The Oldest English Epic/Chapter 5/Widsith
THIS word, beyond reasonable doubt, means “far-wanderer”; the poem surely describes the life and defines the vocation of a typical roving singer of the older times. How its parts were put together, what credit goes to its historical and biographical statements, how one is to reconstruct the wanderer’s itinerary, are questions still under lively debate; they are not to be discussed now beyond their quite incidental bearing upon the personality of the scop himself.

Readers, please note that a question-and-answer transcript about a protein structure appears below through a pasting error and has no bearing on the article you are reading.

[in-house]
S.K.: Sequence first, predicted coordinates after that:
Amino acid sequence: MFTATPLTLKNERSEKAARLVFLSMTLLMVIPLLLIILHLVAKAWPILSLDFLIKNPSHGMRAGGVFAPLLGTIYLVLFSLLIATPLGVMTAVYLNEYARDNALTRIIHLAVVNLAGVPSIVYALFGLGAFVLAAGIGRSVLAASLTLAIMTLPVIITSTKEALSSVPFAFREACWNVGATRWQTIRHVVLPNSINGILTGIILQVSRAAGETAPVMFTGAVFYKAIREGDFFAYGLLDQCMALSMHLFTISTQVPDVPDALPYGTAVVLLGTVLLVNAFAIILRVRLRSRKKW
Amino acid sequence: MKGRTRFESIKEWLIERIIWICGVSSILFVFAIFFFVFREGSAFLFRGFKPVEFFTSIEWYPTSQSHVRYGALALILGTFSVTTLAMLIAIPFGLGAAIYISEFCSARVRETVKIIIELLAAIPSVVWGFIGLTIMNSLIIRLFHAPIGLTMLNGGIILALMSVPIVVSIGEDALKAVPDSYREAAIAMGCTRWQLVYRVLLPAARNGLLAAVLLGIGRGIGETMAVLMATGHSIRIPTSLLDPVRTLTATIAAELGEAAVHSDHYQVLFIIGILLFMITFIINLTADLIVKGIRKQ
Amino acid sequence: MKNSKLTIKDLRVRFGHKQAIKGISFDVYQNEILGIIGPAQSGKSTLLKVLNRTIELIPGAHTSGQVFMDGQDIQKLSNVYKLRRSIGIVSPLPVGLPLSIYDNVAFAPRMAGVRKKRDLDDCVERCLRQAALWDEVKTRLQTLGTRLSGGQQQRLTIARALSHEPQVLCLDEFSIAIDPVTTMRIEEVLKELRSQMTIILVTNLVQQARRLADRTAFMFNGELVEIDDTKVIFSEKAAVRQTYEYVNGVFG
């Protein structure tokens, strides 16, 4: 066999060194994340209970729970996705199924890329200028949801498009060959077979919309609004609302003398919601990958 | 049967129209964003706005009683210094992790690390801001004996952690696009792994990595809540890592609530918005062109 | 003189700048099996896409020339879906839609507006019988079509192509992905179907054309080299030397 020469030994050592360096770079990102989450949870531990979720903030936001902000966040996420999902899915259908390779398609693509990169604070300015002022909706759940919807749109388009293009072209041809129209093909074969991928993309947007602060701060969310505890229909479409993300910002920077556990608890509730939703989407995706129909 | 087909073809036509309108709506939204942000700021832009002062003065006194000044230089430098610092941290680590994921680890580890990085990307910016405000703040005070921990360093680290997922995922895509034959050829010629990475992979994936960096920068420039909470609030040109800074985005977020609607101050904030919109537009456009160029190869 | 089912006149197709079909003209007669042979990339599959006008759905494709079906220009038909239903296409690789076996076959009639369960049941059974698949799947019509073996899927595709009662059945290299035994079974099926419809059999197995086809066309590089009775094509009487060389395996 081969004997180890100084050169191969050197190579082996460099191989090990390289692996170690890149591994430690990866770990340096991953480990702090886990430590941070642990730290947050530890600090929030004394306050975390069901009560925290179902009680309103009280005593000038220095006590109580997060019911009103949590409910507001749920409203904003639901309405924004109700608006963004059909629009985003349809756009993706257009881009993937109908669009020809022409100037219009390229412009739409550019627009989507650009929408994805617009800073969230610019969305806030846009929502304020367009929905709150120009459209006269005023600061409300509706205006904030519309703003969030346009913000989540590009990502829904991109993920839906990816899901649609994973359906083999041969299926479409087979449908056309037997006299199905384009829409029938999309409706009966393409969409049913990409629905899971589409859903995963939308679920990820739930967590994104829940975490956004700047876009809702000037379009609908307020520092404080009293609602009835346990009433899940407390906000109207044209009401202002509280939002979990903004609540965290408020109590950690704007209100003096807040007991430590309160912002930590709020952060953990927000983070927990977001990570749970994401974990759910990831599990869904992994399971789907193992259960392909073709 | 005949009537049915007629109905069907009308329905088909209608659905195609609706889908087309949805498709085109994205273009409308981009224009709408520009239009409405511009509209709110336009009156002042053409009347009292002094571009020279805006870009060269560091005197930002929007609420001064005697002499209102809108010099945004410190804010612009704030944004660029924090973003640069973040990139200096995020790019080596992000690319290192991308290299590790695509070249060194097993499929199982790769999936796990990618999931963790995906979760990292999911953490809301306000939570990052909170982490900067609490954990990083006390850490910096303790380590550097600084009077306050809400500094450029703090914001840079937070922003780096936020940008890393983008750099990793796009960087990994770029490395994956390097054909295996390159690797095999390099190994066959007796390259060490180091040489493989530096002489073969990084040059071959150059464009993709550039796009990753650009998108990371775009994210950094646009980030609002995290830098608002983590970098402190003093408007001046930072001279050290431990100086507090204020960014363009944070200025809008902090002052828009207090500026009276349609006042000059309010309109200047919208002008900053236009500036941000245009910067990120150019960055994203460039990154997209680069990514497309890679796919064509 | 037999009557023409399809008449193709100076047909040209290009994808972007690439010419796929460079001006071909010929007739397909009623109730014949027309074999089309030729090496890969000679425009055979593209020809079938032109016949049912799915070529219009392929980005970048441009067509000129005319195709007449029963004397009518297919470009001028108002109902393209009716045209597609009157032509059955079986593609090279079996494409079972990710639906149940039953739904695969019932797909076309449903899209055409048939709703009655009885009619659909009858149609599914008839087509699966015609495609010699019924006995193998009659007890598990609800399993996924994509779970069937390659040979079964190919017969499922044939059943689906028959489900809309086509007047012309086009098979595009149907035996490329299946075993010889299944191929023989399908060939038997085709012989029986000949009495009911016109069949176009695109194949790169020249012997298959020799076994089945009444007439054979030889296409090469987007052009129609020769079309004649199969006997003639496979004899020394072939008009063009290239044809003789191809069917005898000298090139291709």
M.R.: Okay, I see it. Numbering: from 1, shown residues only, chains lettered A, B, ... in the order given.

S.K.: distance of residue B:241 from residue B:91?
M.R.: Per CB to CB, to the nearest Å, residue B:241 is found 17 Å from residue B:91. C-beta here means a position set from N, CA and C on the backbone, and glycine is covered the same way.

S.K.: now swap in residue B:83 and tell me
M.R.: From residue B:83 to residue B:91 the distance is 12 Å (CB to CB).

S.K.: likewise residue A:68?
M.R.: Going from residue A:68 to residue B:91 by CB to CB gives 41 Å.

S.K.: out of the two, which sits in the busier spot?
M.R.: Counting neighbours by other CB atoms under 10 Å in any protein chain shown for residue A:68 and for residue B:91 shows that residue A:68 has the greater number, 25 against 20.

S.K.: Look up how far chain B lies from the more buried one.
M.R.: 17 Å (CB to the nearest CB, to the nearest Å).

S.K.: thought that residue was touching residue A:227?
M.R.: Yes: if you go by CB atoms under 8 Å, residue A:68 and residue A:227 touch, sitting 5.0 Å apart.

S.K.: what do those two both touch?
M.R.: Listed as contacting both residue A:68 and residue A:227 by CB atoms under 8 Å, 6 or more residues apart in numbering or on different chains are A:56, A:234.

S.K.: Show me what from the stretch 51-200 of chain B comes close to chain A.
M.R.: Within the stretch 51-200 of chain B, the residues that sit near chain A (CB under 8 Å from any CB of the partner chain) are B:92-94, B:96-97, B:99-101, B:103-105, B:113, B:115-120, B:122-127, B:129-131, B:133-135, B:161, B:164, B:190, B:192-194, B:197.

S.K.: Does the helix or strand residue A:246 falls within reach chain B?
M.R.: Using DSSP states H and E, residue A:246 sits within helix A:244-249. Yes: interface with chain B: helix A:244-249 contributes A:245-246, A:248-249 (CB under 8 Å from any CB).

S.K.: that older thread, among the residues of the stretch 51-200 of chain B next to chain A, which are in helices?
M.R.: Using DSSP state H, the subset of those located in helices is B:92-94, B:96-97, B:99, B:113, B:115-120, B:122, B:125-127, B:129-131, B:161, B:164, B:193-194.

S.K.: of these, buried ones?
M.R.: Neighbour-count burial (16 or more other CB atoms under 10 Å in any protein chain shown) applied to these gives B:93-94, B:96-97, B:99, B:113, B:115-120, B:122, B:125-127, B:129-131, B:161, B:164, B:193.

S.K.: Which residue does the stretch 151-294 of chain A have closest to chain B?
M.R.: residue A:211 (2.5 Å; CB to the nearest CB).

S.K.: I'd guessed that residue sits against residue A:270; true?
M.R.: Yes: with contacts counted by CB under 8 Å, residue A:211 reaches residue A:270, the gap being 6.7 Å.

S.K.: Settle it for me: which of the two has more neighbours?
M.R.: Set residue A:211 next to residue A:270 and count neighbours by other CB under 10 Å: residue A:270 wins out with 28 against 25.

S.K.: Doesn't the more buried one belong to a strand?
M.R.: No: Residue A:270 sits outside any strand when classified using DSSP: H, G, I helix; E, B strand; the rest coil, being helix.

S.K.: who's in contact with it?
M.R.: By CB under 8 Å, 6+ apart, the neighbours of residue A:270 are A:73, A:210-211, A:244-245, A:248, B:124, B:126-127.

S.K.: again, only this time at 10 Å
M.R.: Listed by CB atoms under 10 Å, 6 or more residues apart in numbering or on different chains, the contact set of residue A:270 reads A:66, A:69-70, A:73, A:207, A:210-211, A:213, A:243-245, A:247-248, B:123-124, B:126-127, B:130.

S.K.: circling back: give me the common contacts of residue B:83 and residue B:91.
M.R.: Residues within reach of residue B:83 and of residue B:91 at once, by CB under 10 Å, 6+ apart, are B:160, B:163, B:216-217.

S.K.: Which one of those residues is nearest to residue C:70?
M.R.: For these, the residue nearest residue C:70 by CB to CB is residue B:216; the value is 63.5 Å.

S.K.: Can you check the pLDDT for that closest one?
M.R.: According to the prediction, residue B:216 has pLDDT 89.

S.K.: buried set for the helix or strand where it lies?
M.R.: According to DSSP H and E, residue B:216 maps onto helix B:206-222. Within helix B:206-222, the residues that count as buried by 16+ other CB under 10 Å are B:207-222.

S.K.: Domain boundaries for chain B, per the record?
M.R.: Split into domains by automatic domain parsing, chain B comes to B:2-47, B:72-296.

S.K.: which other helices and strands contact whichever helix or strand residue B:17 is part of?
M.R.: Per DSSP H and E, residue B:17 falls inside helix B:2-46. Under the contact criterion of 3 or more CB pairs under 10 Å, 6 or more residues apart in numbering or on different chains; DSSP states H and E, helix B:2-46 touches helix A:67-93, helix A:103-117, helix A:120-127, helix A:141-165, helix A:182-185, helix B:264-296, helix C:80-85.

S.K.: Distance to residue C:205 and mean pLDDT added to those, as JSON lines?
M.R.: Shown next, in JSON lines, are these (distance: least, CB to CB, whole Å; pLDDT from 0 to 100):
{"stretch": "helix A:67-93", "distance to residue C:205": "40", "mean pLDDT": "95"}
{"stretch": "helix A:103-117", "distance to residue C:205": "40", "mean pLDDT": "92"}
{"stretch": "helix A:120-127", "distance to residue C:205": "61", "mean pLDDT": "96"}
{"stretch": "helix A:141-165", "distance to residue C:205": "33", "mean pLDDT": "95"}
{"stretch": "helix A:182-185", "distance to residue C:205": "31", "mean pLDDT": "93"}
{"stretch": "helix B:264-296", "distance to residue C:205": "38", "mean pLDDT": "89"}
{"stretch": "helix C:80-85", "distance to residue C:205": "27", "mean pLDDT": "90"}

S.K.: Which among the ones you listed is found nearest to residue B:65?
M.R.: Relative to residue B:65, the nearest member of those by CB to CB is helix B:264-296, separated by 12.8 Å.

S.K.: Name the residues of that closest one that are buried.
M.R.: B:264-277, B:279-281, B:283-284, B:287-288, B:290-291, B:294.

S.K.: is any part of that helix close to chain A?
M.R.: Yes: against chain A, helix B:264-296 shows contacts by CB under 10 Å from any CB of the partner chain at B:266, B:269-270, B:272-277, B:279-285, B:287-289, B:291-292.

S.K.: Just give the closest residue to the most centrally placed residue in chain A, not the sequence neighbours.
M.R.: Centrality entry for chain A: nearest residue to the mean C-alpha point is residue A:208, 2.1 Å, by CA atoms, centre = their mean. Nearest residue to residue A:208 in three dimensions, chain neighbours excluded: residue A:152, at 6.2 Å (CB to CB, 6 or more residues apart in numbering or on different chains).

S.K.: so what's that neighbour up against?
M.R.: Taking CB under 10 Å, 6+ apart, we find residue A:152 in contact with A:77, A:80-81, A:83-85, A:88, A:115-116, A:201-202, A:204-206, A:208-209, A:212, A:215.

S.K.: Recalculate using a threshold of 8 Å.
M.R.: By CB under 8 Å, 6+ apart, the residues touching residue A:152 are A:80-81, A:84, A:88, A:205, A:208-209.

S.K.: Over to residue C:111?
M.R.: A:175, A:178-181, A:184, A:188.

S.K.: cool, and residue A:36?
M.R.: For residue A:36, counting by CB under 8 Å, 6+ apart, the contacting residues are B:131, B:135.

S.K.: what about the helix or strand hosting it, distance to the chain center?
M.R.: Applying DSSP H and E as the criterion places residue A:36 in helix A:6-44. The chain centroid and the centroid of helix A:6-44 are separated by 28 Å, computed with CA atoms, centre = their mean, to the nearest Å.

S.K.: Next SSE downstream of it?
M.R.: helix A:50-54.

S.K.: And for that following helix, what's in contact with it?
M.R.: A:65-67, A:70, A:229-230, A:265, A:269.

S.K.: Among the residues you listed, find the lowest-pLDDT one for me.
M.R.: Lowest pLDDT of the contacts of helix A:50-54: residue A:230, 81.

Widsith is introduced by the usual formula as about to speak and as a man worth hearing. He comes of good stock; is champion rover in his profession; and once went on an important mission with persons of the very highest rank. But the first outcome of his “word-hoard” is disappointing. For some forty lines he is very dull; the speech does not belong to him, one is fain to think, but is rather a poetical list of kings and peoples, like those made for children in modern times, easy to remember by means of the rime-scheme into which the names must fit. Saxo uses such a list of alliterating names in telling of those who fought at Bravalla; but he fills out the original Norse. With these English versus memoriales also is mingled other stuff. There is a moral reflection, at which the modern hearer of sermons and lectures would do well not to scoff; and there are two passages which go into legendary details,—one about Offa and one about Hrothgar and Hrothwulf. With the fiftieth line, a good sounding verse, by the way, the Far-Wanderer drops his impersonal and hearsay information, and for the rest of the poem speaks of things he has seen for himself. It is a miscellaneous account, not only in matter, but in style, spirit, and effect. Apart from the impossible Israelites and Assyrians of his itinerary, the singer betrays either the plurality of his origins or his incapacity to tell a good, cheerful, likely lie such as one expects from a forerunner of Mandeville; a travelled man, moreover, he now stammers along as the most helpless of artists, and now breaks out into vivid and moving verse. His account of his visit to Eormanric is in parts admirably done. At last he is silent; the word-hoard is locked again; and in a little epilogue the pen of some sympathetic scribe epitomizes a minstrel’s life, and chants that most English of all English, refrains, the memento mori.